This is the first part of a two-part interview.
If two weeks ago you told me I’d be reading — and loving — a book about a blind psychic who solves crimes because she can touch someone dead and “see” the last 18 seconds of his or her life, I’d have laughed. Even when holding the book when I received it in the mail I was unsure if I was going to read it. The concept just rubbed me wrong. I decided to give it the ol’ Butki 100-page test: If I get 100 pages into a book and have no interest in what happens next with the plot or the character than I move on to the next book. There are too many good books to be read to waste time on bad ones.
But this one grabbed my attention for a variety of reasons and I devoured it like chocolate and green tea, with pleasure and speed.
It was a bit surreal to read it because I worked for more than five years at the Herald-Mail in Hagerstown, Maryland, which the author mentions a few times in the first 25 pages. One of my beats was the city of Hagerstown and another was Washington County, which he also writes about.
So I asked him about that in the first part of our two-part interview...
Now, as a state cop how much work did you do with this region you're writing about, of Western Maryland? But you live near there, correct?
George Shuman: Scott, actually I was born in Johnstown, Pennsylvania, moved to Washington, D.C. when I was nineteen years old (1971), and became a Metropolitan D.C. policeman for twenty plus years, everything from narcotics detective to Lieutenant, Internal Affairs. I know that there is a great German pub in Hagerstown and an outlet mall, and I known absolutely nothing else about it except that I used to pass it with regularity between D.C. and home. Sorry.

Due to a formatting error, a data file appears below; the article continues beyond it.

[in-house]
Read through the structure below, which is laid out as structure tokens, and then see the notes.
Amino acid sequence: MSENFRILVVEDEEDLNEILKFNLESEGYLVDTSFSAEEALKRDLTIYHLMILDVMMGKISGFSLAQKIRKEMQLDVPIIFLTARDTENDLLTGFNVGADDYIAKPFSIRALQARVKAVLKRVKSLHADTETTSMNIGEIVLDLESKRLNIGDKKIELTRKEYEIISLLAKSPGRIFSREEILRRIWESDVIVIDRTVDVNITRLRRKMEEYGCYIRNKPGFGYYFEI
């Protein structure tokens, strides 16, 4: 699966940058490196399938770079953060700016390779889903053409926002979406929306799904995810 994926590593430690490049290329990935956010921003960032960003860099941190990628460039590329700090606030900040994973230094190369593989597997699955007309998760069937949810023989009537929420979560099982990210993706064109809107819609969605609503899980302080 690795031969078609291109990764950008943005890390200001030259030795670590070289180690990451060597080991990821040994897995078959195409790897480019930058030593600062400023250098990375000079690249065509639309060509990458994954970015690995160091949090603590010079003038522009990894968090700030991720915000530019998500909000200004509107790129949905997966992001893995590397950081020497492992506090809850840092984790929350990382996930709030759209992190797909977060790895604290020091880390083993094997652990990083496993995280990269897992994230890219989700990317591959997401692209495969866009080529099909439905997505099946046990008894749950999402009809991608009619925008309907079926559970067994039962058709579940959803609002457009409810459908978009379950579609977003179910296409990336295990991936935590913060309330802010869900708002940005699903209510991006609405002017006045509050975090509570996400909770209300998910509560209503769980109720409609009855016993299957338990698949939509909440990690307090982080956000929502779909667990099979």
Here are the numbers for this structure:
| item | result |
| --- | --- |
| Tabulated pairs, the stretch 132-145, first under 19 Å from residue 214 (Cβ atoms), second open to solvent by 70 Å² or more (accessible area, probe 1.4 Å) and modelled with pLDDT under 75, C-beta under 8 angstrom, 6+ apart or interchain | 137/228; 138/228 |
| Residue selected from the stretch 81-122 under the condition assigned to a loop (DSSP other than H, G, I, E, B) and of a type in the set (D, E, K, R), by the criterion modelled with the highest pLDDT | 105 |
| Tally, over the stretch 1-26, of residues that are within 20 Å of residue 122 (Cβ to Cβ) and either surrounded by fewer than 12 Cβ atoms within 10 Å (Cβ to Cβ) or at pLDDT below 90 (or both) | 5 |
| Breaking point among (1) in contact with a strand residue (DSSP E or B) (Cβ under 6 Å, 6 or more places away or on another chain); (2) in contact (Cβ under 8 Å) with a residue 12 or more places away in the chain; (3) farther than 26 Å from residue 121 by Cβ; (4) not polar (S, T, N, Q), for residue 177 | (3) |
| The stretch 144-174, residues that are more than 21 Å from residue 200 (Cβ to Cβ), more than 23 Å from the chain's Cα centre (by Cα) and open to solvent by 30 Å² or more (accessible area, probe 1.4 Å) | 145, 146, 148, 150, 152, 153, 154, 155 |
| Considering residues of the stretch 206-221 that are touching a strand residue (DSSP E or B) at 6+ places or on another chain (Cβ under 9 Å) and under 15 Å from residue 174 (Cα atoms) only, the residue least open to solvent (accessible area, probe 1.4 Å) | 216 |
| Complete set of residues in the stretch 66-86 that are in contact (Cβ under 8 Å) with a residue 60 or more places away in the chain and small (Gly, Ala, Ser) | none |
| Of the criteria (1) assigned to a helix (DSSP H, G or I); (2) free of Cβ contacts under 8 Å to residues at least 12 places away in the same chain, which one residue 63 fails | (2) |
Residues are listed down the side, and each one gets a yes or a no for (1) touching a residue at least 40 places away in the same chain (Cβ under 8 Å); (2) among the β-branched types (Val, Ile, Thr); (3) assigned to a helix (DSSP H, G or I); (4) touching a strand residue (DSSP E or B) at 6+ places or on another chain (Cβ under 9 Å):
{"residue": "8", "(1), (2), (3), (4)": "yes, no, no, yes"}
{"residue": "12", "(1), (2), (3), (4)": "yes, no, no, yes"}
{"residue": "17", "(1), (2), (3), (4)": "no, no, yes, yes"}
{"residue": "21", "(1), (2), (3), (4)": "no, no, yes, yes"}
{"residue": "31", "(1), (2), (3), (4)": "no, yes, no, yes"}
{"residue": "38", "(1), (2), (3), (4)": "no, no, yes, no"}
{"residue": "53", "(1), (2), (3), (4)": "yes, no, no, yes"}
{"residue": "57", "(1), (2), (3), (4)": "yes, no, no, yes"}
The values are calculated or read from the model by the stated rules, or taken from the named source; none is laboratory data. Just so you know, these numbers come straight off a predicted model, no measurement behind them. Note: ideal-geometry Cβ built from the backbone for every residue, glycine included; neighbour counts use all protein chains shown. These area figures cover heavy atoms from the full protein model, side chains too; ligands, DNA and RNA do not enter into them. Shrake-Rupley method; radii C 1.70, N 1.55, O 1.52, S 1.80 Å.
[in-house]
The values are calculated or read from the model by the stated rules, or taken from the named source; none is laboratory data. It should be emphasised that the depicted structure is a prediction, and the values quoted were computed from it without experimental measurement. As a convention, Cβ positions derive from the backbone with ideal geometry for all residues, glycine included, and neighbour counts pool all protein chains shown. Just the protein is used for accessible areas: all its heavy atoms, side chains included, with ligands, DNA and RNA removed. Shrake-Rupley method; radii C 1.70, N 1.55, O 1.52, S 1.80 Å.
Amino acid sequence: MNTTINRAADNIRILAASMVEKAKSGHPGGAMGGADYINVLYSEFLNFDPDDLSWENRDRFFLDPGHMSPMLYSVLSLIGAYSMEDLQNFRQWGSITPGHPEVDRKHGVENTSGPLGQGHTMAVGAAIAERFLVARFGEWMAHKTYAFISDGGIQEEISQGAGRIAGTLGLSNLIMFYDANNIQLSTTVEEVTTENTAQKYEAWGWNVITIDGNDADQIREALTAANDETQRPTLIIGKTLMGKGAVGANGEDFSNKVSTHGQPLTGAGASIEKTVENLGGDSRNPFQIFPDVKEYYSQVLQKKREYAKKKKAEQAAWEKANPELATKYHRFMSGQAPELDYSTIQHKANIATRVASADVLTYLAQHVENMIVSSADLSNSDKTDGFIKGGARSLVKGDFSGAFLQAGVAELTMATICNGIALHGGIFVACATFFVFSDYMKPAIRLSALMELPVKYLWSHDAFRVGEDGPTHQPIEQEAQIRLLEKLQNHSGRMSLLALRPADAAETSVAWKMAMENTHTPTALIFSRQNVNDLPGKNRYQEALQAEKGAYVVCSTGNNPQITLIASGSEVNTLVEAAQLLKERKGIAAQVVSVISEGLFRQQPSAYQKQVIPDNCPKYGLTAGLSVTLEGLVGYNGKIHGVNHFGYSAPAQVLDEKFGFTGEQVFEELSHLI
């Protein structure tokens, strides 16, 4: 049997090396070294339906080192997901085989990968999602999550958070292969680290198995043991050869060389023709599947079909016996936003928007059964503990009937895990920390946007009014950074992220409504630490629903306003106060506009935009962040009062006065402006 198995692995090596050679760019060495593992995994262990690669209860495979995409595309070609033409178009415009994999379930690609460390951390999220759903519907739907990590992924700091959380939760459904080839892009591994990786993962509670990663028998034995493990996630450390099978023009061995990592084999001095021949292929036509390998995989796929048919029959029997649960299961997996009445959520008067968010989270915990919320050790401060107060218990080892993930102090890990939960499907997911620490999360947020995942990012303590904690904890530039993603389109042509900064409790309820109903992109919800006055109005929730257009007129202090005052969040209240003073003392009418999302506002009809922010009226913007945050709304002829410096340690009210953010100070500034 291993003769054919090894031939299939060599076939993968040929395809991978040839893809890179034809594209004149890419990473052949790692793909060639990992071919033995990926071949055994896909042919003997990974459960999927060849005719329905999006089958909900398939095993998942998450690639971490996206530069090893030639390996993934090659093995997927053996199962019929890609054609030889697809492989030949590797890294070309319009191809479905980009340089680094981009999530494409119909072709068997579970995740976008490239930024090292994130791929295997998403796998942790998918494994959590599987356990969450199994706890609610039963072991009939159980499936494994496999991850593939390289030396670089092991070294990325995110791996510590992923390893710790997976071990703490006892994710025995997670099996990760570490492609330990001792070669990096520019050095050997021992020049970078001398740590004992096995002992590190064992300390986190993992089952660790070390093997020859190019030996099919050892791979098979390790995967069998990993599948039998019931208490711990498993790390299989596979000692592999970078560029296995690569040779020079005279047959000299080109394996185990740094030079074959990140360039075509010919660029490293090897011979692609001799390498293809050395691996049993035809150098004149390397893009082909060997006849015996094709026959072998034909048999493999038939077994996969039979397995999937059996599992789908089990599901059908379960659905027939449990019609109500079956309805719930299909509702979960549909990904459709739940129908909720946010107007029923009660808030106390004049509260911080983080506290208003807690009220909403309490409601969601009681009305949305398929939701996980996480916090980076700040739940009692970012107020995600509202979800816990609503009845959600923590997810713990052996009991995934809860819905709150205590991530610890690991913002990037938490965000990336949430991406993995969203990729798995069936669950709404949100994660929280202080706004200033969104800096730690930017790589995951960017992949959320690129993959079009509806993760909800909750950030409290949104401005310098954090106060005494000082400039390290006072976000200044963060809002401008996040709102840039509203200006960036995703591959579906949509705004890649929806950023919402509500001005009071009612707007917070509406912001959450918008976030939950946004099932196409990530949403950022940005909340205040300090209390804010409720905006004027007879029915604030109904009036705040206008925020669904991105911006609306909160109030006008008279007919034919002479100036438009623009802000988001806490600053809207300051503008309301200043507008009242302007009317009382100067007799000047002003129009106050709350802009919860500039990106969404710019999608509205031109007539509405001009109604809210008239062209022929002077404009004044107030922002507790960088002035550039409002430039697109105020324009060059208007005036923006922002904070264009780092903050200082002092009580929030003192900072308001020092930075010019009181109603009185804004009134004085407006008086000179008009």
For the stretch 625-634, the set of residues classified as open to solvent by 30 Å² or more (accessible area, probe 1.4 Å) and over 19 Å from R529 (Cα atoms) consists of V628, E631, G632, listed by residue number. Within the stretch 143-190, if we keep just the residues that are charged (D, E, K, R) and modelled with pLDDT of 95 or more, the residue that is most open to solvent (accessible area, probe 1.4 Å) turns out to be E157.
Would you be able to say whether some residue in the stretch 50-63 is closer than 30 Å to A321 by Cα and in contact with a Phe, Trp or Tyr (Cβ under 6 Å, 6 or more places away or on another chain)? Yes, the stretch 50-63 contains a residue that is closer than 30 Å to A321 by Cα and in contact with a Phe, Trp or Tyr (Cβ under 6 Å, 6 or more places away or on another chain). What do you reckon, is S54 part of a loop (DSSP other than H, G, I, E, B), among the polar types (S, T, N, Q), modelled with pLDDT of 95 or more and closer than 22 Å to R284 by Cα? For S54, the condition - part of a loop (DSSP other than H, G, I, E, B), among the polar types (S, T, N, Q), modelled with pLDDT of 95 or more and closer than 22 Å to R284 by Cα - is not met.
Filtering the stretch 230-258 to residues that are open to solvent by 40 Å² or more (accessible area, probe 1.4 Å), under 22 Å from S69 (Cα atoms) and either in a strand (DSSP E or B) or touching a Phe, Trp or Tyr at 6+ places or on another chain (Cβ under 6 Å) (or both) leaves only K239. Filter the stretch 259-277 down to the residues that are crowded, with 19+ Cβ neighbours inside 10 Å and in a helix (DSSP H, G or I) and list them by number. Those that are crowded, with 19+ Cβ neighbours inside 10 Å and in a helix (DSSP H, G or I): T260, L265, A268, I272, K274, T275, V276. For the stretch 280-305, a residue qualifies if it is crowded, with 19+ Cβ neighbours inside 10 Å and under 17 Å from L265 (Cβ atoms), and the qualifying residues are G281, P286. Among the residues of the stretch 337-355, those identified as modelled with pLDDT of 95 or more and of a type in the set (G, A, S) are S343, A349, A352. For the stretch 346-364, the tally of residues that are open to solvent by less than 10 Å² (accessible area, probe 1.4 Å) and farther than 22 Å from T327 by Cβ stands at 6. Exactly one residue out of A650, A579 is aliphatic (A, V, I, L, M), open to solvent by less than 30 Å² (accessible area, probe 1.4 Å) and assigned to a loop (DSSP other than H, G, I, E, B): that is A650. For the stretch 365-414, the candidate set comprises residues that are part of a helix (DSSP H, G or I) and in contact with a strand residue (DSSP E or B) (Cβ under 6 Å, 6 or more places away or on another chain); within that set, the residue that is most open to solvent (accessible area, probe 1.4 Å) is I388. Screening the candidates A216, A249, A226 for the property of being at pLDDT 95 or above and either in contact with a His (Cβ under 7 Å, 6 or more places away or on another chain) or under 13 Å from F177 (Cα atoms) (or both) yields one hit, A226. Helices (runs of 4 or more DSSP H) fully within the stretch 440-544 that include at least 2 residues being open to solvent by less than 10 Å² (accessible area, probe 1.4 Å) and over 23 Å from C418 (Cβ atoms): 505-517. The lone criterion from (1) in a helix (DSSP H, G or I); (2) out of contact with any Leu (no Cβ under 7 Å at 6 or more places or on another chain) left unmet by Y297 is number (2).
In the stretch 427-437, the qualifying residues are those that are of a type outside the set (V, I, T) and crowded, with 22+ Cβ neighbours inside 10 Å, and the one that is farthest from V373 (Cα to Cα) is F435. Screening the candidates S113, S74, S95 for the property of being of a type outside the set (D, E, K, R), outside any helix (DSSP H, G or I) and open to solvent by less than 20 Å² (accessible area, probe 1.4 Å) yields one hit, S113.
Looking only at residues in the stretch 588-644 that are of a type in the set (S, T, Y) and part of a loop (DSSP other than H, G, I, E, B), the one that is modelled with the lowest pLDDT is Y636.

What made you decide to write a novel?
I loved to read for as long as I can remember, never the classics, but things like Ludlum, Forsyth, Greene, Le Carre. These were my early books. I know I showed up to take a creative writing course at American University in D.C. in the early 1970s but didn’t return after the first class. I always enjoyed words, and I did a lot of the writing my fellow policemen disliked when I was on the job; in fact, I became the unofficial report-writing training officer for some time. My first memory of writing fiction was in the eighties when I made a couple of attempts at a novel about a serial killer in Appalachia. I completed that novel in 1991, about the time I was getting ready to retire, and it was well received in Manhattan. I got an agent who put a big price tag on it, but ultimately it didn’t sell (though I knew I was doing something right). My second novel didn’t impress my agent, but many years later with some rewrites it sold to a VP of Simon and Schuster under the title 18 Seconds.